When Jesus returned to his home town of Nazareth he was invited to preach in the synagogue. The people’s first reaction to him was favorable. They were astonished at the gracious words he spoke. However, their admiration for him soon turned into doubt, then into hostility. What went wrong?
They still saw him as just the carpenter’s son. They felt that if he had anything to offer, then they, the people of his hometown, should be the first to benefit from it. Without showing any real faith in him, they demanded that he do in Nazareth some of the wonderful things he had done elsewhere.
However, Jesus makes it clear that what matters is not who you are, but whether or not you have faith. There is no room in the Kingdom of God for privilege. God’s charity begins wherever there is human need, and the faith to receive it. He gave two examples: the cure of the widow of Zarephath and the cure of Naaman the Syrian, both of whom were Gentiles.
On hearing that the benefits they had rejected through lack of faith would be offered to the Gentiles, the people were outraged. As Jews, they were the People of God. Those others were outsiders and sinners. How dare Jesus suggest that the Gentiles would be preferred to them. In a burst of nationalist fervor they turned against Jesus. They took him from the synagogue and tried to get rid of him.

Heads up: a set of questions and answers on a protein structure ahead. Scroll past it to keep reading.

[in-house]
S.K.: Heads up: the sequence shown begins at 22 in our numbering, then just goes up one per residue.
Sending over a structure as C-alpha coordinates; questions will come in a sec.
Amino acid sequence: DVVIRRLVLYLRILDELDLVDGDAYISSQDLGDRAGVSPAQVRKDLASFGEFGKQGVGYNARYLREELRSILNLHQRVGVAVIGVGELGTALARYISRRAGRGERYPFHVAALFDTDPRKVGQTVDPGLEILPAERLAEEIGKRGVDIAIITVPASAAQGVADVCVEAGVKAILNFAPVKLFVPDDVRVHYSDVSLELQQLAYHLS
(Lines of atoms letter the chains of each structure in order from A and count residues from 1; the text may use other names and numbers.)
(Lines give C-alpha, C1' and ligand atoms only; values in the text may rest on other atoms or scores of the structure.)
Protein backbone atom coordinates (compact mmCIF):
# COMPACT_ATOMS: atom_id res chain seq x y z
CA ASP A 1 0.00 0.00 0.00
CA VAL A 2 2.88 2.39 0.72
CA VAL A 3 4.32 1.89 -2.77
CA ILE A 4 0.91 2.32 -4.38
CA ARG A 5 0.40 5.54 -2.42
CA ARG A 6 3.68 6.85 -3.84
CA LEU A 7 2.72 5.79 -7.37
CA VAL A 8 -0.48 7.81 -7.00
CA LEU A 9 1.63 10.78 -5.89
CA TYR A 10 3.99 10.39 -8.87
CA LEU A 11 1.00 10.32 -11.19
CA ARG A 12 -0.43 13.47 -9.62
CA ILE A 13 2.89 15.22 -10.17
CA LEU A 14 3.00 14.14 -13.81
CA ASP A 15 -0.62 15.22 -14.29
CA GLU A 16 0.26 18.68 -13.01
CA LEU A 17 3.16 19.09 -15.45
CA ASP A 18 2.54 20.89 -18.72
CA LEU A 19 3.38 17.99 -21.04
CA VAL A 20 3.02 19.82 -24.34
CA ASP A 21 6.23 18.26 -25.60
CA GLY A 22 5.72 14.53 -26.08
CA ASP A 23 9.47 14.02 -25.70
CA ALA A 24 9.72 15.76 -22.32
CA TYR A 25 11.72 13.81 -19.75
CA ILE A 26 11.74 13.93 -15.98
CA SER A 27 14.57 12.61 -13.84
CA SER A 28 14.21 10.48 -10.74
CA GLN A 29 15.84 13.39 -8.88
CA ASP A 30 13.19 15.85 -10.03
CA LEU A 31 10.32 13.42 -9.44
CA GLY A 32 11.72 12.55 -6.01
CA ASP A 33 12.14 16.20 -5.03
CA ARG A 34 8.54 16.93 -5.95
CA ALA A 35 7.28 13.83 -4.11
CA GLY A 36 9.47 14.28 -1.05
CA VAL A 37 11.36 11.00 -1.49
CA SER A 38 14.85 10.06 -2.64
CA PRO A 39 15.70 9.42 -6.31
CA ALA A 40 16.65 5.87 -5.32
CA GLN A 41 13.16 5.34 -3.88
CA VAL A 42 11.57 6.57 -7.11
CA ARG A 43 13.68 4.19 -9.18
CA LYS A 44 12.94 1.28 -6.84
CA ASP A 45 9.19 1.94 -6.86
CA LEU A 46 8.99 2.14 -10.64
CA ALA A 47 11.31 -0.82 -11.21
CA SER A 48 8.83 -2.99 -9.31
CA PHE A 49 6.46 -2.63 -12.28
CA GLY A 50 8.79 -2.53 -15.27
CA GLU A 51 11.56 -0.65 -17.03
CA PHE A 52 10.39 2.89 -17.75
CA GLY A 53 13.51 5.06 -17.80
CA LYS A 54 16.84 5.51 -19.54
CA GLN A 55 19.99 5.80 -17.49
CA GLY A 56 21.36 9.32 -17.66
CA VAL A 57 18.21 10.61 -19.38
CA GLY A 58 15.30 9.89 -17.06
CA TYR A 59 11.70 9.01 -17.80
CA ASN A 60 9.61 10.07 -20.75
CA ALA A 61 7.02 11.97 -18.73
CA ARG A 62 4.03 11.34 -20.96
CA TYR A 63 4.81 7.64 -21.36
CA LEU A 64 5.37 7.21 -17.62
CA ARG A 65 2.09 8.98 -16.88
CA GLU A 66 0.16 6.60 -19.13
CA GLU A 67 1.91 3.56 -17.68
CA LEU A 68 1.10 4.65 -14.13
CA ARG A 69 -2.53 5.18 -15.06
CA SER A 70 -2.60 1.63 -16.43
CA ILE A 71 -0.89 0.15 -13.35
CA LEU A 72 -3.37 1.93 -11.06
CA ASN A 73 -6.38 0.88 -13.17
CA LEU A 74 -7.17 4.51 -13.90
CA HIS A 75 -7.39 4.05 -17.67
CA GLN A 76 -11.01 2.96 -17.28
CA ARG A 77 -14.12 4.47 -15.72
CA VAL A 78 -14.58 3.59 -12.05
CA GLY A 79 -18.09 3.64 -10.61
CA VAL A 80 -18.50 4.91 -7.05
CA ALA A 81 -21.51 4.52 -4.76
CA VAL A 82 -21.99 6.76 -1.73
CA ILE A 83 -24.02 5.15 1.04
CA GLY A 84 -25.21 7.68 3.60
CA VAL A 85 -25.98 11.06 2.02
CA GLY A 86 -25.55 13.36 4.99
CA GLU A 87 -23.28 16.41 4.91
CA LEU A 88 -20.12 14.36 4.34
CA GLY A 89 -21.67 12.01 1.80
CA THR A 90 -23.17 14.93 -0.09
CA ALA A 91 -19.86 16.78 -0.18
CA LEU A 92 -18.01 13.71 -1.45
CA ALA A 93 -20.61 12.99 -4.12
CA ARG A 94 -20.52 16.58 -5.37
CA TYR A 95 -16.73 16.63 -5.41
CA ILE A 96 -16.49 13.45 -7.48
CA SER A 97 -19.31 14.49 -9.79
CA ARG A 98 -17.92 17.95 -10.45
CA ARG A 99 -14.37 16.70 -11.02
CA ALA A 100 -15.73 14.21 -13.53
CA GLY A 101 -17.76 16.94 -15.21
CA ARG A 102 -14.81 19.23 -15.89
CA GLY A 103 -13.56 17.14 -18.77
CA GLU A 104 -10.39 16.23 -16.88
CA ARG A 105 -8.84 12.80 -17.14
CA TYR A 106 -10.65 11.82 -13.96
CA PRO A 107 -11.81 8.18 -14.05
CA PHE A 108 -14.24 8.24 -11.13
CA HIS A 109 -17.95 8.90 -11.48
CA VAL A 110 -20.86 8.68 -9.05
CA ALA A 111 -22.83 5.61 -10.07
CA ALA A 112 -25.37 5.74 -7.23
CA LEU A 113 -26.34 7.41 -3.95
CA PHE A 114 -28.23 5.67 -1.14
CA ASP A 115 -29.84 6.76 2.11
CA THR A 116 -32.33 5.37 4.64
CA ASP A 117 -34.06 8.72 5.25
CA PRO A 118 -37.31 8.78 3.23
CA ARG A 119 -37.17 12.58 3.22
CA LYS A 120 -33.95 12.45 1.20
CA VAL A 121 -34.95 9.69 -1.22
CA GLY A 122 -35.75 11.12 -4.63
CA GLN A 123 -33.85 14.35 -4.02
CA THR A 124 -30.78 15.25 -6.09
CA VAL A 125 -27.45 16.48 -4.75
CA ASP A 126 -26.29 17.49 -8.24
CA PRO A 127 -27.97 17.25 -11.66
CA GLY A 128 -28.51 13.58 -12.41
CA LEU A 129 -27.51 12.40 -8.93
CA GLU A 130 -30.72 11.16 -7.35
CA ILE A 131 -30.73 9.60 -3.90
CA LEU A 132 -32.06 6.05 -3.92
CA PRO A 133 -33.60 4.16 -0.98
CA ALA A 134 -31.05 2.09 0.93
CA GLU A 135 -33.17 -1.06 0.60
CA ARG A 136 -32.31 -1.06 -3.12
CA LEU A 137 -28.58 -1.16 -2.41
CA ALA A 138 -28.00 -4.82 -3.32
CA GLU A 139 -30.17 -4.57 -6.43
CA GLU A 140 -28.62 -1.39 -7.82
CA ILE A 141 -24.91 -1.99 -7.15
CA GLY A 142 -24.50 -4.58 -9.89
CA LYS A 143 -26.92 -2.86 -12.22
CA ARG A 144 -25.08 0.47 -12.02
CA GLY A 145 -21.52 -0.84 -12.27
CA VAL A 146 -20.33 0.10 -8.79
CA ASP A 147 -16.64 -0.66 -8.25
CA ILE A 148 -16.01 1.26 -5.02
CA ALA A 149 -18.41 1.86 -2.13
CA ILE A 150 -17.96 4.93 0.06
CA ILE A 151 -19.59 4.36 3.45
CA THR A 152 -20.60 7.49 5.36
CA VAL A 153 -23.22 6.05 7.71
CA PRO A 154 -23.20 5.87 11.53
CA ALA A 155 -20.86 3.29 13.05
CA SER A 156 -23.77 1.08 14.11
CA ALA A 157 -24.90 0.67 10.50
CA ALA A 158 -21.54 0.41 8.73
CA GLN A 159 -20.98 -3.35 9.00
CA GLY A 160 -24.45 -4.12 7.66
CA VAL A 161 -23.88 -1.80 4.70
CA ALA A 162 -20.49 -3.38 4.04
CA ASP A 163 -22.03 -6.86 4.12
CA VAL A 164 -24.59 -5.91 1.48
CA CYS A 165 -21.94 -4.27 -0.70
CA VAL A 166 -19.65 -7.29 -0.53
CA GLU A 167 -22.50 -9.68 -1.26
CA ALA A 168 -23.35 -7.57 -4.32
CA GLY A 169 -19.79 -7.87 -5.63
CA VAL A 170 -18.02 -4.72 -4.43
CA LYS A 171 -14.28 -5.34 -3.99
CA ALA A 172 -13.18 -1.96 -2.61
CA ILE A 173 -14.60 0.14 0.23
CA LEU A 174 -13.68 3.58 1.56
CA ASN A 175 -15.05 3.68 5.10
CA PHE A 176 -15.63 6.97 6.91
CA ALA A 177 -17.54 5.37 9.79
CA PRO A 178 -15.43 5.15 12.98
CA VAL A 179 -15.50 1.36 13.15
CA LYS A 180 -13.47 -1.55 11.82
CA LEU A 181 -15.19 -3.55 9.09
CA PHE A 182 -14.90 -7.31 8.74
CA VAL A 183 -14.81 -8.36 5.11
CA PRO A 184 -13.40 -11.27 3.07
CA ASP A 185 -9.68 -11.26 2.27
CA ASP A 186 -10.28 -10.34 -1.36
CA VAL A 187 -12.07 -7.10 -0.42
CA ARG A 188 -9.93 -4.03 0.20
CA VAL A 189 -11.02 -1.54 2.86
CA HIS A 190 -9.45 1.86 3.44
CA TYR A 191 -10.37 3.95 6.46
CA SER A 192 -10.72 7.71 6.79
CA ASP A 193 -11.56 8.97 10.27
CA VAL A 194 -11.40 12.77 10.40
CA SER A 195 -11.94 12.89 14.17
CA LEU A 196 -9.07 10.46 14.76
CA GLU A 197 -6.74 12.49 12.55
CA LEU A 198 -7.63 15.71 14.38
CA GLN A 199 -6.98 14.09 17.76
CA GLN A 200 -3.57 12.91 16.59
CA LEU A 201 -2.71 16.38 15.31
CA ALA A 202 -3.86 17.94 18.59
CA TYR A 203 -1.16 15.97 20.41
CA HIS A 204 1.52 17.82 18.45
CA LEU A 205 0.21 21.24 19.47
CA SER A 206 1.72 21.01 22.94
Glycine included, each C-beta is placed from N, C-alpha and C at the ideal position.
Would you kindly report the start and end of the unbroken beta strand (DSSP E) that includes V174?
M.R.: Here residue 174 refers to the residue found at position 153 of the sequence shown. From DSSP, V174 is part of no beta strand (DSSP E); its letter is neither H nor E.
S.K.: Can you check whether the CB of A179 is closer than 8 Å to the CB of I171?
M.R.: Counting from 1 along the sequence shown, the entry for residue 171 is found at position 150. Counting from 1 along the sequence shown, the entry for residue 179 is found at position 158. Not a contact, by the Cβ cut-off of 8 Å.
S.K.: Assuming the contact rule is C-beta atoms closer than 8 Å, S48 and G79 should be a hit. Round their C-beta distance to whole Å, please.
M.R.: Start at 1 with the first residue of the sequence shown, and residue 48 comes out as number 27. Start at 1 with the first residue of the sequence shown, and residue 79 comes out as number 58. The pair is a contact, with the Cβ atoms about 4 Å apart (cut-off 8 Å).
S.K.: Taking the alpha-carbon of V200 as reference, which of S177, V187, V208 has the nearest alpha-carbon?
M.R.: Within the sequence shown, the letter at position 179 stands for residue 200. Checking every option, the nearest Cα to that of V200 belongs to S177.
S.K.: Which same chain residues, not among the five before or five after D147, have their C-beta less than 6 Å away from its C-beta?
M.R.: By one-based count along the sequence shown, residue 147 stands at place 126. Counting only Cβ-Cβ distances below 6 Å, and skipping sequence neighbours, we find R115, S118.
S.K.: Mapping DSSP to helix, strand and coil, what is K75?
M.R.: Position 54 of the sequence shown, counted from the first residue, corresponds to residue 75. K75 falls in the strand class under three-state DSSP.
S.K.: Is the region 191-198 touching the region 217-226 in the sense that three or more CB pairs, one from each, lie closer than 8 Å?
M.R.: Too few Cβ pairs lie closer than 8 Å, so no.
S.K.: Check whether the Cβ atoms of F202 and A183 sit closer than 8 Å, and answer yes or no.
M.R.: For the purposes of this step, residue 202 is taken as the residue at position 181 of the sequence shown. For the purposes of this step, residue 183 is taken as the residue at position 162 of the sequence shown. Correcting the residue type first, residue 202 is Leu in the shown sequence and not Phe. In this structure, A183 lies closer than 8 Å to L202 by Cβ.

Why did they turn on Jesus and become so angry? The first reason was because of what he said. But there was a deeper reason. It was because he showed up the ugly things that lay hidden in them.
Regrettably, religion sometimes brings out the worst in people. It makes them narrower, more bigoted, and more apt to hate and even kill. We see an ugly example of this in the people of Nazareth. Unfortunately this kind of thing still happens. Religion can get distorted and turn into something repulsive such as narrow-mindedness, intolerance and fanaticism.
But religion can also bring out the best in people. It makes them more tolerant, understanding, compassionate and loving. True religion liberates the heart and the mind, and fosters harmonious relationships with others. Religion is beautiful when it is like this. The question the Gospel account today poses for our reflection is: What does religion bring out in me?
There is an essential link between faith and love as St. Paul said in our second reading: There are three things that last: faith, hope and love; and the greatest of these is love. What good is having faith and hope if we are lacking in love?
— Father Dennis, February 3, 2019